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Tragedy Mars Tsunami Skydiving Event

It was a beautiful, clear day early last Thursday afternoon when Chad Zielinski joined fifteen other Tsunami skydivers aboard the DeHavilland Twin Otter aircraft for the ride that took them up to 13,000 feet in the azure skies above San Pedro, Ambergris Caye.

A little over 12 noon, Zielinski exited the aircraft along with the other skydivers, taking in the breathtaking view of the Caribbean, but sometime during his dive, something went terribly wrong causing the California native to plunge to his death into the deep blue, about a quarter mile from the Belize Barrier Reef lying east of San Pedro Town.

ChadAccording to the skydivers who were up in the air with Zielinski, everything was fine during their exit from the aircraft, but for reasons unknown to them, Chad’s main parachute and reserve failed to deploy during his descent.

“This afternoon one of our very experienced sky divers was flying and when he was flying on this jump with a couple of other people, a couple other jumpers, as he was flying over the water, the other jumpers successfully deployed their parachutes and he was seen going all the way and impacting with the water without using his parachutes,” Rich Grim, President of Tsunami Skydivers Incorporated (TSI) and event organizer told 7News last Thursday. “We can rule out that it was a parachute malfunction. Neither of his parachutes were deployed. We inspected his gear and it was in perfect working order and what we think happened is that he lost track of his altitude, he was out over the ocean, and we don’t know if he had a problem with his wing seat material getting caught up in something or he just lost track of altitude and he never had a chance to deploy either parachute.”

Search & RescueDuring his jump, Chad was wearing the “winged” clothing that allows skydivers to stay aloft longer during their descent, giving them more “flying” time above. Most skydivers also carry the automatic deployment device with them installed in their equipment, so that if for some reason they fail to deploy their chute at a certain altitude, the device would do it automatically for them. Chad Zeilinski did not carry one of this with him during his fatal plunge, and he impacted into the choppy seas at over one hundred miles per hour.

Efforts to locate the skydiver were immediately launched by sea and air and at about 2:00 p.m. last Thursday, an Aqua Dives boat from the scuba dive operation at the Sunbreeze Hotel recovered Chad’s body across the barrier reef in deep waters.

Zeilinski’s body was transported quickly to the Sunbreeze dock, where doctors awaited but to no avail as he had died on impact. According to Grim, an inspection of Chad’s primary and secondary parachutes carried out by the Tsunami instructors showed that they were in working condition and ruled out any malfunction of the chutes. “In skydiving you can’t make too many errors and unfortunately there were a number of errors made and when you have your parachutes you have to use them and we don’t know what happened and we’re not going to speculate,” said Rich Grim last Thursday. “We just know his equipment was in good working order and wasn’t used. He could have passed out for some reason, he could have had a medical problem, he could have just lost track of his altitude. We don’t want to speculate about what happened. It’s a tragedy. He was a very good friend of ours, good friend of the jumping community, and a very experienced skydiver so again we can’t speculate on what happened. All we know is that his gear was inspected by instructors’ examiners.”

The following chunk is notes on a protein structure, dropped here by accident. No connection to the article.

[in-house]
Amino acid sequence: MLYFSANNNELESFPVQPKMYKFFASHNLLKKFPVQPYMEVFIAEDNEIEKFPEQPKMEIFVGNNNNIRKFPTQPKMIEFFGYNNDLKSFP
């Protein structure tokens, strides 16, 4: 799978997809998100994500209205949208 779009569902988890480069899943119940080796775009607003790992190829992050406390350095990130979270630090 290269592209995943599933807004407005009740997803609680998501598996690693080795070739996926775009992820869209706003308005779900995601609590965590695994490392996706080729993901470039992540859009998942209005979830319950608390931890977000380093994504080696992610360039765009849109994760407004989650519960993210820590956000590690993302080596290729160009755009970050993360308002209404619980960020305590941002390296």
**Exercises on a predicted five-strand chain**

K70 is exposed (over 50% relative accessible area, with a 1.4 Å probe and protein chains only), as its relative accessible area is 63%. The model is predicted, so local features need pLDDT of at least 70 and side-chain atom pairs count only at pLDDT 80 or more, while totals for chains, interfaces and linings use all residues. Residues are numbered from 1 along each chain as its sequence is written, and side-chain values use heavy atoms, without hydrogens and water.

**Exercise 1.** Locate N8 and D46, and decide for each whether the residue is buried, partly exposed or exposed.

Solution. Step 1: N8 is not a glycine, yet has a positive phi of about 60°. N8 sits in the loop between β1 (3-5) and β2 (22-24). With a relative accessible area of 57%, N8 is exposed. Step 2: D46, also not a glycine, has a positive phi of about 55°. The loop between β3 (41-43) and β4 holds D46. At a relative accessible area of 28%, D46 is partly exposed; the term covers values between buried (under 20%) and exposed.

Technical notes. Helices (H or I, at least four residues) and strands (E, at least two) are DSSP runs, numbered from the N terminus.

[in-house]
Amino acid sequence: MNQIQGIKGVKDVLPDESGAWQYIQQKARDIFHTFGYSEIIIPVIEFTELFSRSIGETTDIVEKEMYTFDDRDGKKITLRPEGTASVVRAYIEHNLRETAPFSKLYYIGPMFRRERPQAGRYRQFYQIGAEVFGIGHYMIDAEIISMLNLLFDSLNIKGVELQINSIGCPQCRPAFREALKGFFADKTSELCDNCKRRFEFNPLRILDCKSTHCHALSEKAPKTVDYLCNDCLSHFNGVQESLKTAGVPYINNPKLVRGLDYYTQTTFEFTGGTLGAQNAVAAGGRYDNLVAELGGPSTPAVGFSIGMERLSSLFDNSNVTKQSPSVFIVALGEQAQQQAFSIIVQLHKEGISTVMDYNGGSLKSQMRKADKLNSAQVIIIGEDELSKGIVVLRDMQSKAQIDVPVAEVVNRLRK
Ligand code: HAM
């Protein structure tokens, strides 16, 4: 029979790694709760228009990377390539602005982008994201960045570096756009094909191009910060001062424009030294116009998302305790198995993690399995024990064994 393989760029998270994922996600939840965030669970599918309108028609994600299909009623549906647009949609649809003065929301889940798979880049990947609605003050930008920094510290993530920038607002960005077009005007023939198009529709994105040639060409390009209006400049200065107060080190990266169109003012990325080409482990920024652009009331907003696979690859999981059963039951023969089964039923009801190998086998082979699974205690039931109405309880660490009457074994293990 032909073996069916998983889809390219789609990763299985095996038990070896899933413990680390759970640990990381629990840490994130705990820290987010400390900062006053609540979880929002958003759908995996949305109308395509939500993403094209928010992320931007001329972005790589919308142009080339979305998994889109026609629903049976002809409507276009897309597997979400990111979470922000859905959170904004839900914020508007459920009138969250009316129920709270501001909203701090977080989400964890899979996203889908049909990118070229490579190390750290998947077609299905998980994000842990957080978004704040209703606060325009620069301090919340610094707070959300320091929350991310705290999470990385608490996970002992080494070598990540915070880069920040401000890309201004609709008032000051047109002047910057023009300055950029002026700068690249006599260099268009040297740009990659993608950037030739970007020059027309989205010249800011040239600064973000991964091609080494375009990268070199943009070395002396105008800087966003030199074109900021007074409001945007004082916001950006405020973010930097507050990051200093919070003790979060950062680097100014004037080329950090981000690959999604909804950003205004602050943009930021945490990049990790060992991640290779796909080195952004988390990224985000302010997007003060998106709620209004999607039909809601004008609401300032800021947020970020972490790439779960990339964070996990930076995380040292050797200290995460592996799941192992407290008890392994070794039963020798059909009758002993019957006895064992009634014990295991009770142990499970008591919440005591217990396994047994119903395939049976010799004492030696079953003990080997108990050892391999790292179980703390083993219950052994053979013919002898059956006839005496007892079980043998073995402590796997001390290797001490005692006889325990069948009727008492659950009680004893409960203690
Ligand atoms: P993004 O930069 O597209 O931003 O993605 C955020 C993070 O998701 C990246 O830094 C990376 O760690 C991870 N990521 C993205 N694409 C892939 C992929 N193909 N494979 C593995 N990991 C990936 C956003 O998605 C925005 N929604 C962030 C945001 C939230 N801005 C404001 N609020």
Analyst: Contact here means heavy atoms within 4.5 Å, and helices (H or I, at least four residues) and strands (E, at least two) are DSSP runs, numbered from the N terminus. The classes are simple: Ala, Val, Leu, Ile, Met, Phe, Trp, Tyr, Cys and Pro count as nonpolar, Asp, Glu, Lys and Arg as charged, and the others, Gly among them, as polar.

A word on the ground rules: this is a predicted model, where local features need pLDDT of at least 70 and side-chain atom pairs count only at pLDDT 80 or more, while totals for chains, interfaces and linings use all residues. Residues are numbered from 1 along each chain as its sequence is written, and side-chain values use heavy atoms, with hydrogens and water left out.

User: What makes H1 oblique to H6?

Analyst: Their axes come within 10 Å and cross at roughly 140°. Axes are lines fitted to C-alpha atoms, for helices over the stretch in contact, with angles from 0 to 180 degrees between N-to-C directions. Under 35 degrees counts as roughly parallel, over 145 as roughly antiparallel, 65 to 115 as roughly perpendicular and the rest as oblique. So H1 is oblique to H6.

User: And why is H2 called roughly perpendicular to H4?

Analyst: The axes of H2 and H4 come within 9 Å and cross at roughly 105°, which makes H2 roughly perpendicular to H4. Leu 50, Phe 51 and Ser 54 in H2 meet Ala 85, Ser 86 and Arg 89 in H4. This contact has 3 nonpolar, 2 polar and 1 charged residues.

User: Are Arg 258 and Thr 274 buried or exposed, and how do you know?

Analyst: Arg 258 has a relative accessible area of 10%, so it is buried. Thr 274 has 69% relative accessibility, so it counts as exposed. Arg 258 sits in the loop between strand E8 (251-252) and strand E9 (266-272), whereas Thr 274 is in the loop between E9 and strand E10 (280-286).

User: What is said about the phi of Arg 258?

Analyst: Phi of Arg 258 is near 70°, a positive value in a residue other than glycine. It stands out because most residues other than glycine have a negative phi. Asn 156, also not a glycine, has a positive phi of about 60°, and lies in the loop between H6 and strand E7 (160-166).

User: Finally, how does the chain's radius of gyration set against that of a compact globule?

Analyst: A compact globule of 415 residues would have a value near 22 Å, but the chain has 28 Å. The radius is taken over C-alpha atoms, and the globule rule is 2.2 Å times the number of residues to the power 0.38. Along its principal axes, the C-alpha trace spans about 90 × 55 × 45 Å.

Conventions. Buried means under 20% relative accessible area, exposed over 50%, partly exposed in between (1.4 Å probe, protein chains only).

Grim and friends described Chad Zeilinski as an experienced skydiver who had been making jumps for 9 years and knew the hazards of the sport. Before his fatal skydive, Chad had successfully completed one jump during the early morning last Thursday. He had been accompanied to Belize by his significant other, Sara, who also took part in the jump that Chad was killed. Close friends of Chad Zielinski poured out their sentiments on the web: “All I can say is my heart hurts especially for his two teenage daughters who idolized their daddy! They lost their daddy way too young! And my heart hurts for Sara who has lost the love of her life…seeing them together was incredible and made you want to find someone to love as much as they loved each other!” “Chad was larger then life…” “You could tell he loved his mom….and his kids. He’d light up when he talked about them” and “You’ve touched a great many lives with your giving spirit and love.”

A “Memorial Skydive” in honor of Chad Zeilinski was conducted by the Tsunami Skydivers last Friday, and according to Rich Grim, knowing Chad, he would be “looking on from above”. Despite the tragic accident, the skydiving event continued throughout the weekend, with many San Pedro natives taking part in the thrilling sport.

The postmortem conducted on Chad Zeilinski’s body concluded that he died from “traumatic shock due to skydiving injuries”. Investigators say they will now try to ascertain exactly what caused Zielinksi’s parachute to remain closed. Chad Zeilinski’s body was to be cremated last Friday and transported to the U.S.A. where a ceremony was to take place to scatter his ashes high over the skies, a place which he had loved to belong.

Photo Caption:
1. Tsunami Skydivers perform memorial jump in memory of Chad.
2. Chad having a good time in San Pedro on a sunset cruise.
3. Search and rescue efforts for Chad took place both by air and sea.

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